Isolation forces us to adapt in more positive ways



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Who would ever think government would direct us to “Stay Safe at Home?”

 The change of pace for most seniors added some stress, anxiety, fear and uncertainty. The coronavirus became the scourge and worry each day.

 After a few weeks, we found ways to deal with the lack of contact, outside activities and boredom. Most of us accepted the challenge and focused on how to survive. Using our own emotional and psychological warfare, we pushed on. Our message is “We will get through this together!” 

Once we realized we were not alone, we looked at new ways of connecting. Looking through address books, seniors sent notes to far-away friends and family. Others dialed up long-forgotten friends and renewed relationships. Technically suave seniors used Facebook, LinkedIn, Skype, FaceTime and numerous email sites to maintain contacts.

Unable to meet over lunch, the Rotary Club of Indialantic used the Zoom platform to hold weekly meetings. Community groups connected with faces and sounds on conference call devices. Our grandchildren found school doors closed, but distance learning provided new challenges on how to learn. Parents, grandparents and virtual teachers furnished support.

In order to maintain good mental health, people vented by logging on to email sites, podcasts and media outlets. Blue Cross/Blue Shield offered a new emotional support service. The AARP Foundation recognized that social isolation affects nearly one in five older adults in the United States when there is no pandemic. Their Connect2Affect service offers a full range of connections.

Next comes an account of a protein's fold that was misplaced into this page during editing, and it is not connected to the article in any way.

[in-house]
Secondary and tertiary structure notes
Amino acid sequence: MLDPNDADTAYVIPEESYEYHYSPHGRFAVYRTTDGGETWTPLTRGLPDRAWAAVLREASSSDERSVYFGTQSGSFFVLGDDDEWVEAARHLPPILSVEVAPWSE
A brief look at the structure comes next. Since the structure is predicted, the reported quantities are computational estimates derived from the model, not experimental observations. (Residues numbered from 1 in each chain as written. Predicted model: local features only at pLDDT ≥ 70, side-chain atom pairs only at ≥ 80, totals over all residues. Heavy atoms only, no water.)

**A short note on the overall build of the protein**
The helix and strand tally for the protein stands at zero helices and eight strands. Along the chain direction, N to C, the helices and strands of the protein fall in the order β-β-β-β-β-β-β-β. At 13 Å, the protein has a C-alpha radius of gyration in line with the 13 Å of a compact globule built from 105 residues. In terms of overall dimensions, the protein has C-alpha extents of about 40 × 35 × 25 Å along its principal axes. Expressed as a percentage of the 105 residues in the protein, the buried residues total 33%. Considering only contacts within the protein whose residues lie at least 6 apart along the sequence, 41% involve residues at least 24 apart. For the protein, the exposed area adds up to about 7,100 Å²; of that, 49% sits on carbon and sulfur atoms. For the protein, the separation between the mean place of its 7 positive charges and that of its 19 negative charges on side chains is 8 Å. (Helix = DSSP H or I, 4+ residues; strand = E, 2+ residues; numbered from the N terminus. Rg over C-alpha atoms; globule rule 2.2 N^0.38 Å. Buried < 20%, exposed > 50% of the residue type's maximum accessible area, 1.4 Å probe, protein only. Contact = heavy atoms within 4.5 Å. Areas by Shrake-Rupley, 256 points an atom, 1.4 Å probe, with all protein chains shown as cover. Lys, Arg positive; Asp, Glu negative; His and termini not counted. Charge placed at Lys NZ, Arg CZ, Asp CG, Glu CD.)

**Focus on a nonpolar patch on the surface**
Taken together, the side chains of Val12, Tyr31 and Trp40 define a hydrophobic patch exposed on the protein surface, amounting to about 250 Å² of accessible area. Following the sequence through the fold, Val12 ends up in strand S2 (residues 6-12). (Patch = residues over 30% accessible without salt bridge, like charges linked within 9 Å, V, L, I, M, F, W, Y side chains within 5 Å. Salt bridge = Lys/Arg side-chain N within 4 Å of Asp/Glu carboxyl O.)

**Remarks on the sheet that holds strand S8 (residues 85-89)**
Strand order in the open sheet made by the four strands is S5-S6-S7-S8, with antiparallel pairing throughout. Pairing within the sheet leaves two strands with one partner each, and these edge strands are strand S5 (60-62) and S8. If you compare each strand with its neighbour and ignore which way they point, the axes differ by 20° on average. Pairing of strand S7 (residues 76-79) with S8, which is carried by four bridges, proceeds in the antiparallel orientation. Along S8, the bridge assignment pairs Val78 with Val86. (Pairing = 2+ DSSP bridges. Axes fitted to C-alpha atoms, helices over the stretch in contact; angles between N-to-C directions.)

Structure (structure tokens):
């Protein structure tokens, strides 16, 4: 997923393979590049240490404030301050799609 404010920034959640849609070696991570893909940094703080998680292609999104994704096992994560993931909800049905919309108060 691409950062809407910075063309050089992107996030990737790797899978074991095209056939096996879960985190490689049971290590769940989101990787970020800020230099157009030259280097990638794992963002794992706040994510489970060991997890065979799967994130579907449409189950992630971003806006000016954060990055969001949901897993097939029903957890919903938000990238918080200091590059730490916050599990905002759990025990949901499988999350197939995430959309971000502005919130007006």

Innovative services provided by local agencies, online therapists and help lines are offered without charge and some have a fee schedule. Always connect with licensed local providers.             

After endless broadcast messages from government leaders in daily briefings, we found out how vulnerable and pre-disposed we are to the coronavirus. Turn off the news. Check out great National Geographic programs, watch a Hallmark movie, pray or meditate. You will begin to feel better in minutes.

Still feeling isolated?  Take out a notebook and  label it “My Blessings.” Start writing how you are blessed. I started a bound notebook labeled “Reflections on the Coronavirus.” As I look back at entries through the months, I recognize how blessed we are with first responders, medical people and essential services workers. I still wonder what we are going to do with all the toilet paper.